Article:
Rent Perfect Blue (1997)

3.7 of 5 from 144 ratings
1h 20min
Rent Perfect Blue (aka Pafekuto Buru) Online DVD & Blu-ray Rental
  • General info
  • Available formats
Mima Kirigoe is one third of chart topping girl-pop group, Cham! But she is keen to put the childish career of the pop singer behind her and pursue her dream of becoming an actress. Her fans are sceptical however, and she quickly discovers that the transition is nowhere near as easy or enjoyable as she'd hoped... After getting a part in a very adult murder mystery drama, her life takes a turn for the sinister. She uncovers a blog detailing her life in intimate detail, and as a real life killer begins to attack the people around her, delusion and reality blend into one and she begins to question her own identity...
Hiroaki Inoue, Haruyo Kanesaku, Masao Maruyama, Yutaka Maseba
Voiced By:
Junko Iwao, Rica Matsumoto, Shinpachi Tsuji, Masaaki Ôkura, Yôsuke Akimoto, Yoku Shioya, Hideyuki Hori, Emi Shinohara, Masashi Ebara, Kiyoyuki Yanada, Tôru Furusawa, Shiho Niiyama, Emiko Furukawa, Aya Hara, Shin'ichirô Miki, Jin Yamanoi, Megumi Tano, Takashi Nagasako, Akio Suyama, Osamu Hosoi
Sadayuki Murai, Yoshikazu Takeuchi
Pafekuto Buru
Manga Entertainment
Anime & Animation
Release Date:
Run Time:
80 minutes
English Dolby Digital 2.0, English Dolby Digital 5.1, Japanese Dolby Digital 2.0, Japanese Dolby Digital 5.1
DVD Regions:
Region 2
Aspect Ratio:
Widescreen 1.85:1
  • Interview With Director Satoshi Kon
  • Voice Actor Interviews
  • Original Theatrical Trailer
  • Musical Photo Gallery
  • Behind-The-Scenes Performances
  • Bonus Audio Track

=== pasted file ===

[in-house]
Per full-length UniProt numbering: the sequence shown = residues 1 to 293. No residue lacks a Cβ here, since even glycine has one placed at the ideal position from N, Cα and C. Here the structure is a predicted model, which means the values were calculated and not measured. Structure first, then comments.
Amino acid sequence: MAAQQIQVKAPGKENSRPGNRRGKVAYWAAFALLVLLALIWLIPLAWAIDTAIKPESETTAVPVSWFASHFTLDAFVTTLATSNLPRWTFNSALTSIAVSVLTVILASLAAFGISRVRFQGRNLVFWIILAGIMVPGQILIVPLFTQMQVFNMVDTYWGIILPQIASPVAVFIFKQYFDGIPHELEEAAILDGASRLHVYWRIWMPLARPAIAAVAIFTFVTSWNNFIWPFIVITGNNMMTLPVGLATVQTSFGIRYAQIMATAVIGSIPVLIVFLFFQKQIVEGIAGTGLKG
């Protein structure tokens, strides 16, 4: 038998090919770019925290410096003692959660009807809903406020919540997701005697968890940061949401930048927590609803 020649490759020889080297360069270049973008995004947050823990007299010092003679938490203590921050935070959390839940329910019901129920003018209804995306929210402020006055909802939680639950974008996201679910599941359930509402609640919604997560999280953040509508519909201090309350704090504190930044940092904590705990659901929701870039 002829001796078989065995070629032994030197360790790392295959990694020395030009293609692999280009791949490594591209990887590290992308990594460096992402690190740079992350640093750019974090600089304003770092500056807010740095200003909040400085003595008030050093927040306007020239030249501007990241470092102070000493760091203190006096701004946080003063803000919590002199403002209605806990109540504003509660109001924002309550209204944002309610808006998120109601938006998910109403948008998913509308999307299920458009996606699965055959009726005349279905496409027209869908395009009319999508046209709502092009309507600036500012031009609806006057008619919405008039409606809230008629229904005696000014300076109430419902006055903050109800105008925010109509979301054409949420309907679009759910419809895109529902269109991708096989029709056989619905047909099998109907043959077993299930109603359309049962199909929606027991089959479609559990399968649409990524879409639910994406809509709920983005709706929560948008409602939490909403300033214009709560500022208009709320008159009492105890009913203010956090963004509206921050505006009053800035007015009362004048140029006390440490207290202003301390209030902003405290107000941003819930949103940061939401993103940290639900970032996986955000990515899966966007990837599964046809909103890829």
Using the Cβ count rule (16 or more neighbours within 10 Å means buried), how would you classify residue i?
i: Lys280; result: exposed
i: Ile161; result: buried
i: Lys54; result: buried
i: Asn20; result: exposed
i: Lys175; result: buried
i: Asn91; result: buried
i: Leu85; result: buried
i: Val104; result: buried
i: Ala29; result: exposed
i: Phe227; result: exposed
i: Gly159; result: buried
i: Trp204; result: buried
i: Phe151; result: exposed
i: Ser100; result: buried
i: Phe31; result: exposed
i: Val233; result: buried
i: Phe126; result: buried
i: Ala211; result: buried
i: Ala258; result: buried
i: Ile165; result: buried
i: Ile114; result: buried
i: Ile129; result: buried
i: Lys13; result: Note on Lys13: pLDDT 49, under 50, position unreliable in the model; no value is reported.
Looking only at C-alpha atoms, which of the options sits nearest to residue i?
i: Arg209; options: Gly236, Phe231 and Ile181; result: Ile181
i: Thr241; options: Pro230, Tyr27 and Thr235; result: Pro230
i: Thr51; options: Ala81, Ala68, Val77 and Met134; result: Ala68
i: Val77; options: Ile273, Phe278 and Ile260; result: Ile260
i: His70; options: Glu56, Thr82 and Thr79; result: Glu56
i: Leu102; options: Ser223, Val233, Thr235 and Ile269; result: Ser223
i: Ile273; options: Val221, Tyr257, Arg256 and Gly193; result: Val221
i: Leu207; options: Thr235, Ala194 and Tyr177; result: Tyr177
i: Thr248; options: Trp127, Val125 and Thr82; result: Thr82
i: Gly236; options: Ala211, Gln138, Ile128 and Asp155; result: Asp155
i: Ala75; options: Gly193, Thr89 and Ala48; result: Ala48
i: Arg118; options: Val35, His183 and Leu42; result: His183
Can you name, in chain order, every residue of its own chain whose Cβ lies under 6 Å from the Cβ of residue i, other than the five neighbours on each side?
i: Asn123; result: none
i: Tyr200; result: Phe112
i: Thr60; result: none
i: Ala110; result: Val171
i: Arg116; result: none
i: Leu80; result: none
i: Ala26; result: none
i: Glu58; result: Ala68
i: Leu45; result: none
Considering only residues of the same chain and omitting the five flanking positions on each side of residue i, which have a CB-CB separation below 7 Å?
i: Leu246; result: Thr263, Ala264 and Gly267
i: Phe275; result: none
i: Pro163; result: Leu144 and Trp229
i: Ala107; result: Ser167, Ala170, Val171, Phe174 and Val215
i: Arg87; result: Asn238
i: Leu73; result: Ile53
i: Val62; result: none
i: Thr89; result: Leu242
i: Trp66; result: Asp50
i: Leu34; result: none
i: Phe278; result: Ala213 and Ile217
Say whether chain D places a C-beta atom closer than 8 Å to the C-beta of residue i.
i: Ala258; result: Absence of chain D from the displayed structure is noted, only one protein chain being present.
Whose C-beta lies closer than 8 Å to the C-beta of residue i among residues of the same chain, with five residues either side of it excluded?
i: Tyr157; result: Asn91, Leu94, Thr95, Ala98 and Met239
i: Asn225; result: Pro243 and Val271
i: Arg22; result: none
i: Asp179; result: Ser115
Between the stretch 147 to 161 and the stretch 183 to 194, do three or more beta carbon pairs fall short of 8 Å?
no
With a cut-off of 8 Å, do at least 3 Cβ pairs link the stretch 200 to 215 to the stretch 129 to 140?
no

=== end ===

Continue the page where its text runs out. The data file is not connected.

• Manga Previews
  • Manga Web Link
Release Date:
Run Time:
81 minutes
English DTS-HD Master Audio 5.1, Japanese DTS-HD Master Audio 5.1
Aspect Ratio:
Widescreen 1.85:1
BLU-RAY Regions:
  • Japanese and UK/US Trailers
  • Recording Session
  • Interviews with Ruby Marlow, Wendee Lee, Bob Marks, Junko Iwao, Satoshi Kon
  • English Credits

More like Perfect Blue

Found in these customers lists

Reviews (1) of Perfect Blue

A Timely Examination of Celebrity and Female Exploitation - Perfect Blue review by ER

Spoiler Alert

WARNING: Moderate spoilers, as well as discussion of rape, predatory behaviour, and violence.

Perfect Blue, Satoshi Kon's widely acclaimed directorial debut to animation, tells the story of Mima Kirigoe, a member (for the initial moments of the film, at least) of CHAM!, a Japanese pop idol trio. When Mima announces to the crowd of a farewell concert that she intends to quit her music career and pursue ambitions of becoming an actress, challenges mount, and it becomes clear that the transition will be more trying than she had initially anticipated. Pressures mount from a controlling fanbase unwilling to accept Mima's departure from pop music, as her former pop idol persona quite literally takes on a life of its own as the hallucinatory being, "The Real Mima", who wages a fight for Mima's identity. This culminates in the brutal murder of numerous individuals involved in Mima's shift to acting, as well as a steady decline in Mima's (and the audience's) ability to tell appearance from reality.